Cover image for Small Christian communities : imagining future church
Small Christian communities : imagining future church
Pelton, Robert S., 1921-
Publication Information:
Notre Dame, IN : University of Notre Dame Press, [1997]

Physical Description:
xi, 132 pages ; 22 cm
General Note:
Collection of essays presented at the third Notre Dame International Theological Consultation on Small Christian Communities, held in 1996 at the University of Notre Dame.
Theological methodology as incarnated in small Christian communities / Christologies emerging from the small Christian communities / Uncanny grace / Small Christian communities in the Catholic Church / Evolving sociology and ecclesiology of church as family in Eastern Africa / Further reflections on the Christology and ecclesiology of small ecclesial communities
Format :


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BX2347.7 .S53 1997 Adult Non-Fiction Central Closed Stacks

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This text presents the findings of a theological consultation held in 1996, which discussed the future of the Christian Church. It describes how small communities can enrich the life of the Church by drawing together people of diverse cultures and economic situations for spiritual renewal.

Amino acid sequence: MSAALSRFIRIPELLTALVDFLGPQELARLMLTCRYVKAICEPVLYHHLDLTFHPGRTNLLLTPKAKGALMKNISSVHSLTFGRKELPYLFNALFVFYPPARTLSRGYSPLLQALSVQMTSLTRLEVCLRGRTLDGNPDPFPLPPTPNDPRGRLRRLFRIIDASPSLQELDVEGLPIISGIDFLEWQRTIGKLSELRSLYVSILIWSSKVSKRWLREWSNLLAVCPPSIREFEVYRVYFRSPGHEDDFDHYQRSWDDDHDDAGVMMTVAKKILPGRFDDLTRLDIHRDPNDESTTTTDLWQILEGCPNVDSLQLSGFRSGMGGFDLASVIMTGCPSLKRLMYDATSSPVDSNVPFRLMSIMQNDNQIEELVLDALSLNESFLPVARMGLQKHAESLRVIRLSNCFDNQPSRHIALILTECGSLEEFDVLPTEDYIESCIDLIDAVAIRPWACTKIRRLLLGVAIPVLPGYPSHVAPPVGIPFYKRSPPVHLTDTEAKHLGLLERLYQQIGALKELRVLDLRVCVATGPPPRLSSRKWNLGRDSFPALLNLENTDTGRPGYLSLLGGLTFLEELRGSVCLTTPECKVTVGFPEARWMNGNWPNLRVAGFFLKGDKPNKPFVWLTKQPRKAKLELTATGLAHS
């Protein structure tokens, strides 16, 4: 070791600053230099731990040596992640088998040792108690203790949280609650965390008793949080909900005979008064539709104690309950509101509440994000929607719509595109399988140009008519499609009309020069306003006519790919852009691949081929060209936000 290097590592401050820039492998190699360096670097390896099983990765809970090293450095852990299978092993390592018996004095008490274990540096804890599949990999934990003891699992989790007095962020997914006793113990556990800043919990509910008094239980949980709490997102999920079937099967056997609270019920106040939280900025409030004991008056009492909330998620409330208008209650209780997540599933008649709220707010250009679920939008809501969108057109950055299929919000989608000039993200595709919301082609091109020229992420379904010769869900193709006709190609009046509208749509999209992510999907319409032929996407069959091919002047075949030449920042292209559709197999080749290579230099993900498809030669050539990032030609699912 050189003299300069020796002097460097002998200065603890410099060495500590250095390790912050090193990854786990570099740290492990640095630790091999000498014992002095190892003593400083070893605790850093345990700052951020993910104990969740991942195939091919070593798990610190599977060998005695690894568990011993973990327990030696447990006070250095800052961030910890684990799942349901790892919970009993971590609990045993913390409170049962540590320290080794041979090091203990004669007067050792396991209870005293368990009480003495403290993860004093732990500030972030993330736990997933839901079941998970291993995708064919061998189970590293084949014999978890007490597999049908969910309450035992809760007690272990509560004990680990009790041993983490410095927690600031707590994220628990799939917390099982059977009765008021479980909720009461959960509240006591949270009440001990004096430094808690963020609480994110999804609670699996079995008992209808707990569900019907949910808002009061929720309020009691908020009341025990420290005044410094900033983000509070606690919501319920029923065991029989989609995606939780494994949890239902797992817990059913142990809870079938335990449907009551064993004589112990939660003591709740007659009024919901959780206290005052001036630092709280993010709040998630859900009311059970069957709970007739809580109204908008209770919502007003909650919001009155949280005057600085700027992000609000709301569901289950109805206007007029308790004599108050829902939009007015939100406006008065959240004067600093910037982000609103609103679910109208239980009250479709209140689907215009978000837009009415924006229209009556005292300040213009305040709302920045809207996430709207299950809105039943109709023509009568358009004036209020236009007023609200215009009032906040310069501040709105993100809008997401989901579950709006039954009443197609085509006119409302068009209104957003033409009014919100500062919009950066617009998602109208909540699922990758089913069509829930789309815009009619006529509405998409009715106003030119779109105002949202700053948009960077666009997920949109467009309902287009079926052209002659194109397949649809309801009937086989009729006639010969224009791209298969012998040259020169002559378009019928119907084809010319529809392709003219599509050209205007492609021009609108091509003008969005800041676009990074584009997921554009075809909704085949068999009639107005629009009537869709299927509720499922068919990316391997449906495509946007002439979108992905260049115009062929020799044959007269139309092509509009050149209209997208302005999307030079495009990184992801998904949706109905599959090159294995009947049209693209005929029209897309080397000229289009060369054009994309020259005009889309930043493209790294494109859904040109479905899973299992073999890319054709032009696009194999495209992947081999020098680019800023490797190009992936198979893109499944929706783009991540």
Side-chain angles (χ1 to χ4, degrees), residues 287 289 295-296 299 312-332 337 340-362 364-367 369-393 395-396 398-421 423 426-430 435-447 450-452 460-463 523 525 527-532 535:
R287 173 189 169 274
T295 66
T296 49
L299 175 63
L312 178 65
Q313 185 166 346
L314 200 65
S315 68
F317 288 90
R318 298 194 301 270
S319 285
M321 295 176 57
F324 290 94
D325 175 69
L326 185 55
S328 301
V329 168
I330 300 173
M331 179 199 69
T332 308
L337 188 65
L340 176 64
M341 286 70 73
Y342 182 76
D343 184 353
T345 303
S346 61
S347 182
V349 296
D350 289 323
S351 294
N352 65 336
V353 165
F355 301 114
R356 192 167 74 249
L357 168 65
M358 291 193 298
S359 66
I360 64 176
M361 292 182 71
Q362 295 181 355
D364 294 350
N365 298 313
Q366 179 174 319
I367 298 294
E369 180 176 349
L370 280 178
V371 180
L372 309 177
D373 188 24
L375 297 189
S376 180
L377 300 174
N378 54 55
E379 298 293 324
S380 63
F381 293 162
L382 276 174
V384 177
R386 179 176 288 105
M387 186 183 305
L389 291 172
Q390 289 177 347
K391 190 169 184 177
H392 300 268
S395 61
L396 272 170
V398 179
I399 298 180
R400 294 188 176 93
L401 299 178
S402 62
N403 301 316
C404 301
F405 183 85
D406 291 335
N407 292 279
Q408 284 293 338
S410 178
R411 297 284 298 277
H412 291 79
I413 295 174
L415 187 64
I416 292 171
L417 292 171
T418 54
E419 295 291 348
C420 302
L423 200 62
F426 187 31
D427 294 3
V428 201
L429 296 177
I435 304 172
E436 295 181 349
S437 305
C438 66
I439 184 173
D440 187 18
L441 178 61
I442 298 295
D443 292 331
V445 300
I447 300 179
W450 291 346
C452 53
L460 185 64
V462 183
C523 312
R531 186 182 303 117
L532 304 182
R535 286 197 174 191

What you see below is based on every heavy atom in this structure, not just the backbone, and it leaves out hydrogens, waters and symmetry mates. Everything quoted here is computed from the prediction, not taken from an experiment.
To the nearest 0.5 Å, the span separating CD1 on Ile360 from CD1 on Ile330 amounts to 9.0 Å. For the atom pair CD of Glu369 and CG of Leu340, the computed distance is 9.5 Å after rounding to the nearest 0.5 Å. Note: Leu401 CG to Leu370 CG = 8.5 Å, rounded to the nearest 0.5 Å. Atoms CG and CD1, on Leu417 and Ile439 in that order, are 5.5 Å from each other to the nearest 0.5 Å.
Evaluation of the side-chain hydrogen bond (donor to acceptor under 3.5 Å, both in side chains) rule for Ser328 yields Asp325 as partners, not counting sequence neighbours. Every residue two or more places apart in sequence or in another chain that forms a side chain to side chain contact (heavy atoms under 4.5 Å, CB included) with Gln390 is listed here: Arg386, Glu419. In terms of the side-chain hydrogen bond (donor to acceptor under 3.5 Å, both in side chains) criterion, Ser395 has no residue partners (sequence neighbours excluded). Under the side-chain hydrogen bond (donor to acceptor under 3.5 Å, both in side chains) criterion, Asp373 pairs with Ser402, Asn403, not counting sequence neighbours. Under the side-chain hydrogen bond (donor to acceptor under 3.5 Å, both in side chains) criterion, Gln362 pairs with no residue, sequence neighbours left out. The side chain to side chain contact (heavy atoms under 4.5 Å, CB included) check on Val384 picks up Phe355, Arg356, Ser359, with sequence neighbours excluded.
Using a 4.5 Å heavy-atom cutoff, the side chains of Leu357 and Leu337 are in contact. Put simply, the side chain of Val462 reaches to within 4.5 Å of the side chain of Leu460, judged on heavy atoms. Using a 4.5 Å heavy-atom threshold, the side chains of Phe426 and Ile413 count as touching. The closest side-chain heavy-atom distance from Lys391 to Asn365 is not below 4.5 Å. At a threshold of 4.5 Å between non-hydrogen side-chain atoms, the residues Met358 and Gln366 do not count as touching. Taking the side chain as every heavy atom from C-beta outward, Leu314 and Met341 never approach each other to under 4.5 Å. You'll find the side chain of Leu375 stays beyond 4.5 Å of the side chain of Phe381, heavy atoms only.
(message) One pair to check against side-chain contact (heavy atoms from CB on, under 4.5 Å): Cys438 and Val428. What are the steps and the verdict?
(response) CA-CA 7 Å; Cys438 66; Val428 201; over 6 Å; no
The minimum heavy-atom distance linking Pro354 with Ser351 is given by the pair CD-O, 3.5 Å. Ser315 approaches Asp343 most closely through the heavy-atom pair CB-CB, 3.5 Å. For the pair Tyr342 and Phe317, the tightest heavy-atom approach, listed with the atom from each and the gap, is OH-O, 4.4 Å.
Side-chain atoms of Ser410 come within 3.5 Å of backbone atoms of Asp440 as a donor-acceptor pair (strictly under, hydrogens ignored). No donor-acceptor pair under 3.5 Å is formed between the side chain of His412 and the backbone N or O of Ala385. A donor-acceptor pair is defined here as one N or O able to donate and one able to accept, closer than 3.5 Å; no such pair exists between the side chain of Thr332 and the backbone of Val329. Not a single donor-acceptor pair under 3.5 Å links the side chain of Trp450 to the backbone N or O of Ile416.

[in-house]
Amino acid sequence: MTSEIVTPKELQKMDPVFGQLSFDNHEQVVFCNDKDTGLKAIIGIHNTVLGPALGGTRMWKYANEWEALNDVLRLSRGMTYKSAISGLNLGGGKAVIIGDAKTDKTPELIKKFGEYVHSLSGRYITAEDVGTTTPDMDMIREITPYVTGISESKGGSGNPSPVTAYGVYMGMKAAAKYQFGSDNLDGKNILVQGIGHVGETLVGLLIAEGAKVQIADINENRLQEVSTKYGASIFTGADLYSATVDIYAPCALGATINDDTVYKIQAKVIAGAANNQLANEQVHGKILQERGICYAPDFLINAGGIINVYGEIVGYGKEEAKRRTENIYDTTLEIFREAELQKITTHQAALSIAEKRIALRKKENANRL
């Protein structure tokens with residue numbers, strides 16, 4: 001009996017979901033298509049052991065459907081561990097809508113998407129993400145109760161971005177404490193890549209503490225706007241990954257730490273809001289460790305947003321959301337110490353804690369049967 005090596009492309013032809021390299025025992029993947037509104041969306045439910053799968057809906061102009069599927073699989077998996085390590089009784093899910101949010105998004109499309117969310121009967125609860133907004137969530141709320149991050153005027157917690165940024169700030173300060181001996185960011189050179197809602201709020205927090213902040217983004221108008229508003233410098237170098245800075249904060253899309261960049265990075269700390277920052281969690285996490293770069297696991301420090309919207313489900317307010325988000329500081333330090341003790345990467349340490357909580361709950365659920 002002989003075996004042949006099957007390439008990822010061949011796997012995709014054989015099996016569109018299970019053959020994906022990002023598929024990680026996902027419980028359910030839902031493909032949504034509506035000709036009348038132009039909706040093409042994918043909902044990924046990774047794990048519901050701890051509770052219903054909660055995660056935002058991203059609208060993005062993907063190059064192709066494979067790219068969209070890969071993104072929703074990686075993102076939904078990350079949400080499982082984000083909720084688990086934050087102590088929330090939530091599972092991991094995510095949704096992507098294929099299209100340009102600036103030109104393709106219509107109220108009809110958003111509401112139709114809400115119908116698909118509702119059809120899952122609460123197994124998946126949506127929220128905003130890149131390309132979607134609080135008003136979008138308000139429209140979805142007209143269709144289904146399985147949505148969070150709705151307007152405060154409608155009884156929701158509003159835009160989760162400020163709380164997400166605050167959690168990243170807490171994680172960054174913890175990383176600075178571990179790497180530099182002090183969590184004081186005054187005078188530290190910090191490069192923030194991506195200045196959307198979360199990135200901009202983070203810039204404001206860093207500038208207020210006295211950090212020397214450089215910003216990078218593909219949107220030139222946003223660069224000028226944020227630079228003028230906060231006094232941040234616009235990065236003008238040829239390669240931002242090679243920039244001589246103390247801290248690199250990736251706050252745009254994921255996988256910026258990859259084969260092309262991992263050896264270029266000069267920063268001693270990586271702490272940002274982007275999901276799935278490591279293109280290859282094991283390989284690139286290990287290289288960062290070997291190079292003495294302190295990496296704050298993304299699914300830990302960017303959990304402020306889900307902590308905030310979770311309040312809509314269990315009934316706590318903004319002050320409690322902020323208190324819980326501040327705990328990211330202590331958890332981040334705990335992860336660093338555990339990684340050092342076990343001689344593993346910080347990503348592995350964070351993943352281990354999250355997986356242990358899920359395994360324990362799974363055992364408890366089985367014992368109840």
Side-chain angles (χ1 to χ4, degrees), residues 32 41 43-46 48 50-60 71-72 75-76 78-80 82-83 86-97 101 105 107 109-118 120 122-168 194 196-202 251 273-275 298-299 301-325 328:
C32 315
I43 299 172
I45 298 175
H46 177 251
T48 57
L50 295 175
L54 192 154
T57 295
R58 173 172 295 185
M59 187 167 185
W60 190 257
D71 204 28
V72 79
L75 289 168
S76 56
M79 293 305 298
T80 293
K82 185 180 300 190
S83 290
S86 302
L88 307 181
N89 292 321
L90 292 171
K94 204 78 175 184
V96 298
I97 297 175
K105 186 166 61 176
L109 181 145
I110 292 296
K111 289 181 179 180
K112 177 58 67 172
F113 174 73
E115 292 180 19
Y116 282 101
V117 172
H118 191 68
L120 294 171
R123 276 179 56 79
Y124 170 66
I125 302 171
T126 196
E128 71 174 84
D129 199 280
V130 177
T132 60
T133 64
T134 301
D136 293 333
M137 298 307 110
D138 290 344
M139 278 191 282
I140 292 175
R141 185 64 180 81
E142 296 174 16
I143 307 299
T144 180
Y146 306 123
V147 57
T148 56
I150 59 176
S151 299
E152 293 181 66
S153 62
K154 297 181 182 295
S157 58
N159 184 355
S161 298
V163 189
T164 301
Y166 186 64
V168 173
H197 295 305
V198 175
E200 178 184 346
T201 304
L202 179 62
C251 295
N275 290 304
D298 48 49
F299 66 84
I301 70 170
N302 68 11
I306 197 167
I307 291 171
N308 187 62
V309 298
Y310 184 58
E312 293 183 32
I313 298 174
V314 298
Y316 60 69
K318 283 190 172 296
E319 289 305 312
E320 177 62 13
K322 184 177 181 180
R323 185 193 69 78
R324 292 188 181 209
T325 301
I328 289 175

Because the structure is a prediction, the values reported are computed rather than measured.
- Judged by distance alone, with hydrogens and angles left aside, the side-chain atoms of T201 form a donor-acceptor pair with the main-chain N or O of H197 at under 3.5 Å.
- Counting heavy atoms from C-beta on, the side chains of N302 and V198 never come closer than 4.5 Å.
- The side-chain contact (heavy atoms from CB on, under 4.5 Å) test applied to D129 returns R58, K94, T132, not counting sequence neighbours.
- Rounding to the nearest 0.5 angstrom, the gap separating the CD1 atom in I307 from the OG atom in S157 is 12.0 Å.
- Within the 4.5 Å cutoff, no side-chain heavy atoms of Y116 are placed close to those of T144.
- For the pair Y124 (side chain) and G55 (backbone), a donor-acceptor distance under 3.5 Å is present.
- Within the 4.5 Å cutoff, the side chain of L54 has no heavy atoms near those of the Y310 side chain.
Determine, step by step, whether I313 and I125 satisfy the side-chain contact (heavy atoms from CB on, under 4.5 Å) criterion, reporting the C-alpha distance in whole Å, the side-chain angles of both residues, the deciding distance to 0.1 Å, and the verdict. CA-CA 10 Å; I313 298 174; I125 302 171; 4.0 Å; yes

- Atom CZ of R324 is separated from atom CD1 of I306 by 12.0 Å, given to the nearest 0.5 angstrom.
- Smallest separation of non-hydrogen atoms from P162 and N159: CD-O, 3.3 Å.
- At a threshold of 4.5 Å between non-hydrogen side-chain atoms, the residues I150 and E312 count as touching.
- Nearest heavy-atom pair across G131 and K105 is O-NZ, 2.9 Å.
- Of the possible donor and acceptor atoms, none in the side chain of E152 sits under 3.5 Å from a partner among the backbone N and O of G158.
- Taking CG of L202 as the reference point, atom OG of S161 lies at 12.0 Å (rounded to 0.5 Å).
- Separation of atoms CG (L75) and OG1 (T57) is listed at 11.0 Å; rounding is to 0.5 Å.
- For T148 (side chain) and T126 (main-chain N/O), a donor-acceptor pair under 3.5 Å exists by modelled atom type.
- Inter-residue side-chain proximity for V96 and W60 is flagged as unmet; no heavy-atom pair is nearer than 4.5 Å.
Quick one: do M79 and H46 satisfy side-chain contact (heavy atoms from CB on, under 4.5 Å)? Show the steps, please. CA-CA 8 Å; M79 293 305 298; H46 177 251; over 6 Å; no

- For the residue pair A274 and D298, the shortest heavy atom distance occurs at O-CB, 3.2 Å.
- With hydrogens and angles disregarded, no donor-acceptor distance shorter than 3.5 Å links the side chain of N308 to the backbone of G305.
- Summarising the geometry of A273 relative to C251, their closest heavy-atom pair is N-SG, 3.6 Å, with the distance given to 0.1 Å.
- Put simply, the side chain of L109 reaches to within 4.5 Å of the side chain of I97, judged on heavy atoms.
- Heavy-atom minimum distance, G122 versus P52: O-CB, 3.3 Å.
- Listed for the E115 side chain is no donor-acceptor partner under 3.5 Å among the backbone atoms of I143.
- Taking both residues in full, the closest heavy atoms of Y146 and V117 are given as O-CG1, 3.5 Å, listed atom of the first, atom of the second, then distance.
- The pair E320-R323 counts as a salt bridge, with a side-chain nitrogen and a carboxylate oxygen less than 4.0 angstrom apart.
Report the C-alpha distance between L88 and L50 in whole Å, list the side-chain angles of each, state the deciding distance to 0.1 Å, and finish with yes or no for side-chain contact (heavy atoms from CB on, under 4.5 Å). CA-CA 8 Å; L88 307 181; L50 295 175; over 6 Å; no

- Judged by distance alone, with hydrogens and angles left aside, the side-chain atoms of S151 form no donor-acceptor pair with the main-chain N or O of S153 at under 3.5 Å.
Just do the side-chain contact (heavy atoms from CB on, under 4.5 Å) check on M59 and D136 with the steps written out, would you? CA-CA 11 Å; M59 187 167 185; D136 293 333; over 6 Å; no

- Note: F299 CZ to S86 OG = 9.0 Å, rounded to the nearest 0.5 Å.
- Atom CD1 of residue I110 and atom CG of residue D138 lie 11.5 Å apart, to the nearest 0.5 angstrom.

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"Small Christian Community" (SCC) is a name given to any number of local, grassroots congregations of Christian believers outside of, or at the borders of, official denominational structures, especially in Roman Catholicism. Beginning in poor areas of Africa and South America, this movement is now worldwide and encompasses many different groups and organizations that support these types of communities. This volume contains the results of a 1996 conference held to study and promote the SCC movement. Three of the articles reflect on the theology of these communities and how the experience of the SCC changes and enriches Christian theology. Two articles study the present distribution and practice of these communities in the United States and Kenya. There is a joint statement from the members of the Consultation to the Roman Catholic Church, urging that the insights and experiences of the SCC movement be encouraged, with elements adapted into the church. Finally, there are reflections from two of the participants on the future of the movement and its impact. The participants generally are strong proponents of the SCC movement and see it as a model for the future. Upper-division undergraduates and above. M. A. Granquist St. Olaf College